The Circular Model of the Atom is a circular periodic table that shows atomic structure in addition to periodicity. Unlike any other periodic table or model, it demonstrates that the atomic structure has an inherent dipole magnet that create positve and negative fields and elemental qualities at the atomic level.

The Circular Model of the Atom was created by Helen A. Pawlowski in the 1980s, and published in her work, Visualization of the Atom. Her brother, Paul A. Williams extended many of Helen's ideas with his examination of the standard model using Helen's Circular Atom Model. This website contains some of Helen's ideas and Paul's writings.


Binding energy drops off between carbon and nitrogen and silicon and potassium is explained.

The model correctly accounts for the Madelung-rule (or Goudsmit rule).

The model provides an explanation for the lanthanide contraction.




Quantum Theory

Over the years quantum theory resulted in tremendous advances in science.  The basis of modern atomic physics is built upon the measured values provided by quantum theory.  This website is not intended to demean the accuracy of the measured values of that theory, but instead to illustrate that the new Circular Model of the Atom provides a clearer conceptualization of physical phenomena than the conclusions derived from the standard model.

The inability to visually conceptualize the quantum atom dates from physicists earliest endeavors. Jagdish Mehra's and Helmut Rechenberg's definitive quantum history traces a philosophical split from early quantum physics.  They wrote, "It was the loss of visualizability in the more recent quantum theoretical description of atomic structure and spectra, which made Stark revise his former positive attitude towards quantum theory.  While Stark retired completely, and Einstein partially, from the forefront of research in quantum theory, many new people joined the ranks of quantum physicists"[1]. Paul Davies, in his book Other Worlds, notes the current quantum philosophy, “Science, it is usually believed, helps us to build a picture of objective reality – the world ‘out there.’  With the advent of the quantum theory, that very reality appears to have crumbled, to be replaced by something so revolutionary and bizarre that its consequences have not been properly faced.  As we shall see, one can either accept the multiple reality of parallel worlds, or deny that a real world exists at all, independently of our perception of it.  Laboratory experiments performed in the last few years have demonstrated that atoms and subatomic particles, which people usually envisage as microscopic things, are not really things at all, in the sense of having a well-defined, independent existence and a separate, personal identity”[2].  Our ability to describe reality has disappeared with the rise of quantum physics.

The standard model, derived by quantum theory, lacks understanding of initial or ground states of the atom.  What do atoms look like, and how do they function or operate? An analogy to the quantum theory can be made by the income statement and balance sheet used in accounting.  The income statement provides information about changes from state one to state two; it has a definite starting and ending time period. Likewise, quantum theory measures the change between state one and state two, during some measurable time period.  In accounting, the balance sheet provides a description of the assets and properties of the original state.  It also provides a final description of the ending state after it has been impacted by the changes of the income statement.  Conversely, quantum theory does measure quite accurately the change in electrical values, but it has difficulty describing both of the initial state and the final state of the atom.  Theorists merely tell us that the quantum atom is not subject to detailed description, but rather is a depiction based upon a statistical probability approach. (ex. smeared electron cloud).  Scientists distill atomic structures of atoms through statistical probability and approximations that arise from the quantum philosophy.  This probability approach is also analogous to the work of actuaries.  In their work actuaries describe the longevity of say one million people.  Statistically, actuaries can show us that a calculated number of the one million people will die in a given period of time and the prediction accurately models the population described, but they are incapable of giving meaningful details of the final cause of death for each individual.  Quantum theory has the same problem, i.e., statistically accurate but not very helpful as to a beginning condition or a final state description.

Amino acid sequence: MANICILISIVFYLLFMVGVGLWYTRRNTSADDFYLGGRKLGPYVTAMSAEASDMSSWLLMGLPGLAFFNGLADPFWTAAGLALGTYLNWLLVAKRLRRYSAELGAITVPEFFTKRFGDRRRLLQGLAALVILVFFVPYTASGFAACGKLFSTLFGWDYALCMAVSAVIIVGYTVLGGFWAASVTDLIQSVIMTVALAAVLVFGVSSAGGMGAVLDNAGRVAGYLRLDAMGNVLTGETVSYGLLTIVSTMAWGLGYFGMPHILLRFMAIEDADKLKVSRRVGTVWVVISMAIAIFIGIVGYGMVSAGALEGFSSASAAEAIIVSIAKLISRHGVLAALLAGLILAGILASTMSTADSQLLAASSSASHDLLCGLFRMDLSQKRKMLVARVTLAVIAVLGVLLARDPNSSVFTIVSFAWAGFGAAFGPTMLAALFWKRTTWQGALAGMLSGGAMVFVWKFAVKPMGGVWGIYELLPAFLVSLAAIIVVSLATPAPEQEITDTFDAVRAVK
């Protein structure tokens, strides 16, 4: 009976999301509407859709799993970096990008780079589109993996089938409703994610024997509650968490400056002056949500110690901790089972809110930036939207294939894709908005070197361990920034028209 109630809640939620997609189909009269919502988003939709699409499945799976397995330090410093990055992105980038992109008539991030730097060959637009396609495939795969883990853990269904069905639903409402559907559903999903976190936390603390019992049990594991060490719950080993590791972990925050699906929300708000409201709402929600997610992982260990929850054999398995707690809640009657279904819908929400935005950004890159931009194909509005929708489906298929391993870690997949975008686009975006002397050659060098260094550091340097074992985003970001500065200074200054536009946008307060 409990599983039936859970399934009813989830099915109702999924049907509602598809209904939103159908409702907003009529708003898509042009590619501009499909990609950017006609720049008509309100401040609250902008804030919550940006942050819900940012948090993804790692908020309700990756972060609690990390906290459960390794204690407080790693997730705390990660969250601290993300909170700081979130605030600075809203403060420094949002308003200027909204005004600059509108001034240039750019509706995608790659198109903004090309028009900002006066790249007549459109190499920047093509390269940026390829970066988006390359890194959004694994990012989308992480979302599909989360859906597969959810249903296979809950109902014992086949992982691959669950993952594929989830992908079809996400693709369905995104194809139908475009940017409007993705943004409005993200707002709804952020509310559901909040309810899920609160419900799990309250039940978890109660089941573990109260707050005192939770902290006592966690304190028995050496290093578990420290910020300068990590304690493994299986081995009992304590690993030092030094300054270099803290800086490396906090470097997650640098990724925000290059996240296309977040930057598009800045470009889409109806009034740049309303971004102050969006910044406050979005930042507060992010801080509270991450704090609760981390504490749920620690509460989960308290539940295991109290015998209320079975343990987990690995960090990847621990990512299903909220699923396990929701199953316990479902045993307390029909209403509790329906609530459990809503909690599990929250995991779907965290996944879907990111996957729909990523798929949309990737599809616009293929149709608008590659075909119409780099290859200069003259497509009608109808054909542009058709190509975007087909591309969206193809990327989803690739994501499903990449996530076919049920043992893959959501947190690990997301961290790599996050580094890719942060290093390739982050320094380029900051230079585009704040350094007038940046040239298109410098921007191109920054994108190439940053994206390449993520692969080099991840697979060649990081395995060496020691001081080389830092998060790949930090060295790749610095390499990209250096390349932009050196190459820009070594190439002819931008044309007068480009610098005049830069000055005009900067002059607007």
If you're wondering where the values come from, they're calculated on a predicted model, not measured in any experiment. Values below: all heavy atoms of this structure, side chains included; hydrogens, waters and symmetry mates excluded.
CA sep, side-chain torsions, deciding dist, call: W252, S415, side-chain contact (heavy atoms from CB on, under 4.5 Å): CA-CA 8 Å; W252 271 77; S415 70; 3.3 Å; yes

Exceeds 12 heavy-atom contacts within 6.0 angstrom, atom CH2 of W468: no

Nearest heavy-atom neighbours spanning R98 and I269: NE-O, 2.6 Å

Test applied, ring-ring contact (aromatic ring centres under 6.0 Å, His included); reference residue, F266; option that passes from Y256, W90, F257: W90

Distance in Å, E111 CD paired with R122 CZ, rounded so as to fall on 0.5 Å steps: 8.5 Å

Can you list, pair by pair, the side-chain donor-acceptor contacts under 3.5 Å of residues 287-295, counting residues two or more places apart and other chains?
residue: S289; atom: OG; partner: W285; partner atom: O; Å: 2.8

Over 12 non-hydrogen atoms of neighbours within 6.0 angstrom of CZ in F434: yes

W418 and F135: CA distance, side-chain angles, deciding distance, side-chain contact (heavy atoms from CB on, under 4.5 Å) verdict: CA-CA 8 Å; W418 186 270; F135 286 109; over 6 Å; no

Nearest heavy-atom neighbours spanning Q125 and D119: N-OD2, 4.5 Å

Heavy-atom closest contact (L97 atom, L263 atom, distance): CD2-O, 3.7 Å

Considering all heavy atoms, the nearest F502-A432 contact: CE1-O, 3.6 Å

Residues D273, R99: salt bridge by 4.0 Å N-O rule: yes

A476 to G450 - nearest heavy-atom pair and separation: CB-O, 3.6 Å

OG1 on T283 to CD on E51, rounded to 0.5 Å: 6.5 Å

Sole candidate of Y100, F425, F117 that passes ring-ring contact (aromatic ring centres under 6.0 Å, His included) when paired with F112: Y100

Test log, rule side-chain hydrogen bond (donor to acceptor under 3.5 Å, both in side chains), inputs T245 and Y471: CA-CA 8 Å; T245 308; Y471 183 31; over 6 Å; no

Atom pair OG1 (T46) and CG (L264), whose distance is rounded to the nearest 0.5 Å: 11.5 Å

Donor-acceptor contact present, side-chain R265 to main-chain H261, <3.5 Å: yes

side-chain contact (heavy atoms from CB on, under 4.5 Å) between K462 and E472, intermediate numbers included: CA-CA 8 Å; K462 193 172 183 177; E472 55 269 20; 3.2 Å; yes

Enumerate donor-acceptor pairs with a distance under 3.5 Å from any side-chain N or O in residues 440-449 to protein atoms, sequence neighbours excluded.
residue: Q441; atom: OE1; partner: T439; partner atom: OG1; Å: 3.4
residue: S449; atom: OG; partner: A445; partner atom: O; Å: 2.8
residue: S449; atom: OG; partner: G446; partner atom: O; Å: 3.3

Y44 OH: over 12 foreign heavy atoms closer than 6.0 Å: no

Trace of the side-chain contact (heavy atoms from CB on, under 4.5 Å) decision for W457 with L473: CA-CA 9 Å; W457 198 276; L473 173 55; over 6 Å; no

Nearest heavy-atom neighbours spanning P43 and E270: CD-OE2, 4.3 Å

The quantum philosophy has abandoned attempts to create a visual model that correlates with the electrical values quantum measures.  The Circular Model of the Atom serves as not only a periodic table but also as an atomic model that corroborates the basic electrical values as set forth by quantum theory and also gives a more classical visual basis for those values.  The remaining parts of this section will highlight how the Circular Model of the Atom provides new insights into different phenomena beginning with the Pauli exclusion principle.

[1] Mehra, J. and Rechenburg, H., 1982. The Historical Development of Quantum Theory, Vol I, Part I. New York: Springer-Verlag, p. 138.

[2] Davies, P., 1982. Other Worlds. New York: Simon and Schuster, p. 12.



1. Atoms are dipole magnets at the atomic level.

2. Demonstrates Hund's half filled shells, electron tunneling, and a visulalizable aufbau buildup of the elements.

3. Visual explanation of Anomalous Zeeman Effect.

4. Strong and weak patterns revealed.

5. Lanthanide contraction is explained.

6. Provides a visual basis for ferromagenetism, paramagnetism and antiferromagnetism.